(Photo by Scott Welton, Staff)
These themes were recurring and interwoven throughout comments made by those speaking at the 22nd holiday celebration of Martin Luther King Jr. Day at the Travelers Rest Missionary Baptist Church in Sikeston Monday.
Guest speaker Dr. Kenneth Holloway, pastor of Pilgrim's Rest Missionary Baptist Church in Lilbourn, opened by commenting that those attending were almost all older people.
"I was wondering: where are all the children? School is out," he said.
Holloway said he was 15 years old when King was assassinated. "It changed my life," he said. "It made me want to do something better with my life."
"The work goes on. ... We have increased our education, jobs have opened up," Holloway said, "but we've gotten away from where and what we started."
Holloway said because God has been "taken out of the equation" things are not going as well as they should.
"They've taken prayer out of schools and they've replaced prayer with a gun," he said.
Holloway also said people should be "finding reasons to better ourselves and not making excuses."
He spoke of the need to look forward, not back, while at the same time not forgetting where we came from.
"There is a process in order to get progress," Holloway continued. "You have to apply yourself."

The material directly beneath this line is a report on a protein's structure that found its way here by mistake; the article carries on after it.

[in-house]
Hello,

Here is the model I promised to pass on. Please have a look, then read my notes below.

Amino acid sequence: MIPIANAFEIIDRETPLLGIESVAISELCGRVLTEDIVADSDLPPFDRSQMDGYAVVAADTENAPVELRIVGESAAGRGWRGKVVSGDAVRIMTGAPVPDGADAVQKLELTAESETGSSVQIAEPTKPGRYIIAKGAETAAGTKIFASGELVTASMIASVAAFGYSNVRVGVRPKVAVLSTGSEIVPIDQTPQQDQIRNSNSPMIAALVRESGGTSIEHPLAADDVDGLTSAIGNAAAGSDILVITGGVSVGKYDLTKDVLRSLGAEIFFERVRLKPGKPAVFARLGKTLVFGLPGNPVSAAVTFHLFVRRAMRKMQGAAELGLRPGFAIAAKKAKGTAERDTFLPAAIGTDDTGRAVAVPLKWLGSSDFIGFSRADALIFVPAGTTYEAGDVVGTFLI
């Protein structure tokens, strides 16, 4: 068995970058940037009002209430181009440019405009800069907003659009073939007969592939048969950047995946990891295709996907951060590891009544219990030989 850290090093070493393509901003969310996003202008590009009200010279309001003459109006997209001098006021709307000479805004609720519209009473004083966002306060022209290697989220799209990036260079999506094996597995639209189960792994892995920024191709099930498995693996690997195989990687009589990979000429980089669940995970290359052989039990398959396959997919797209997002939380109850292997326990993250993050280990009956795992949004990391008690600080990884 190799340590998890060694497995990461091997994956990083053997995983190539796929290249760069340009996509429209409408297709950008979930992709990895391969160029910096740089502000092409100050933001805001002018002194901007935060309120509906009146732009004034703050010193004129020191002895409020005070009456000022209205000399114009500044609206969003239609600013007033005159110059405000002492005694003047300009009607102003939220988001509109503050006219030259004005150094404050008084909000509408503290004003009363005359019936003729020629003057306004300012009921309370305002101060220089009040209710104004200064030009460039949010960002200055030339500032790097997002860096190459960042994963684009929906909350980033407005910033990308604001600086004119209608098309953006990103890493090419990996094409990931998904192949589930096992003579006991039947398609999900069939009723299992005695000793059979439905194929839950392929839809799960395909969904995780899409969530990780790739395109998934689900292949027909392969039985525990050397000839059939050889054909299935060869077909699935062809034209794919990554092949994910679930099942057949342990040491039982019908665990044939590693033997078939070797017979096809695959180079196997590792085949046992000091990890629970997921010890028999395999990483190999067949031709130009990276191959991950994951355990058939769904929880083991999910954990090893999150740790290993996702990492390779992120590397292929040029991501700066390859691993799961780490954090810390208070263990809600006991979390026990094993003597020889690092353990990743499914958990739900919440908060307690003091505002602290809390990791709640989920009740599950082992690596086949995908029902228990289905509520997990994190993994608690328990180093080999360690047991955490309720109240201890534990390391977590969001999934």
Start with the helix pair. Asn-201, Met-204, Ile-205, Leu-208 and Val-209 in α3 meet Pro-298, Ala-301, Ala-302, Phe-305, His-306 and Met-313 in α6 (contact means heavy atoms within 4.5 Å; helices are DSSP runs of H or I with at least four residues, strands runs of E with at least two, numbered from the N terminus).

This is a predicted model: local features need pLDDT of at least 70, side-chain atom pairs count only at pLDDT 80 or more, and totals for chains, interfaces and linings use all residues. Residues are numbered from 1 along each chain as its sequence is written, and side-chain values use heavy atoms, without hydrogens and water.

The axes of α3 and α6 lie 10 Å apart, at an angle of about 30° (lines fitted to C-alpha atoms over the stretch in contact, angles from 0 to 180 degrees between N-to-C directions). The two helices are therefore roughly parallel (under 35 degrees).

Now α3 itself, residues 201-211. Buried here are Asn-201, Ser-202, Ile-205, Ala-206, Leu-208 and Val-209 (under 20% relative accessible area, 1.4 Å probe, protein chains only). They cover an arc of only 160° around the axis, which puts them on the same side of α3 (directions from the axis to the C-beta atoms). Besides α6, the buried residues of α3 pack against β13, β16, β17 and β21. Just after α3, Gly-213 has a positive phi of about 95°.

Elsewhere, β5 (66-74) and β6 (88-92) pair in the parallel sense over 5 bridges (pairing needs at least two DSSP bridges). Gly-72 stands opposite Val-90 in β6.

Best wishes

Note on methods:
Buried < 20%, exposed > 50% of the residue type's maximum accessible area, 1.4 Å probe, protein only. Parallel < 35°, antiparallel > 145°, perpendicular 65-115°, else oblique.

Holloway also discussed the importance of continuing to be non-violent.
King's dream, Holloway said, "was for everybody. This is not just a black holiday."
The importance of taking personal responsibility was also emphasized.
"Until you change, things will not change for you," Holloway said, and explained that includes "accepting the challenge that is before you."
"The dream will never die as long as the dream is still dreamed," Holloway said in closing, adding that as long as someone keeps talking about, teaching and standing up for King's dream, it will not die.
Also during the celebration, Herman Gardner, pastor of the Travelers Rest Missionary Baptist Church, described MLK Day as "an occasion we come to celebrate a man who has done so much for our lives" and King as "a man who has served the benefit of all men."
Ronald Williams, pastor of the New Deliverance Church, said things are happening even today that would not be if not for the work of King.
Williams recalled as a child having to go to the side door of a restaurant to be served; separate "colored" and "white" bathrooms at the hospital; and not being able to stay at hotels along the highways when traveling.
"He opened up the door for all men to have a chance," he said. "The dream is still going on. ... He didn't do it for black folk ... he did it for mankind."
Williams said: "We've come a long way but we have yet a long way to go. .... We're not going to get there holding hatred in our hearts. ... 2008 is a new beginning ... I think it's time that we as a people, that we as a nation come together and do things the way God intended."
City Manager Doug Friend, representing city government, said he would like to see future MLK Day ceremonies so well attended that they are held in the Sikeston Field House.
Andy Comstock, representing Sikeston Public Schools, discussed the "Closing the Gap" program by which Sikeston School officials hope to bring minority test scores up and presented encouraging statistics that indicate the program is working.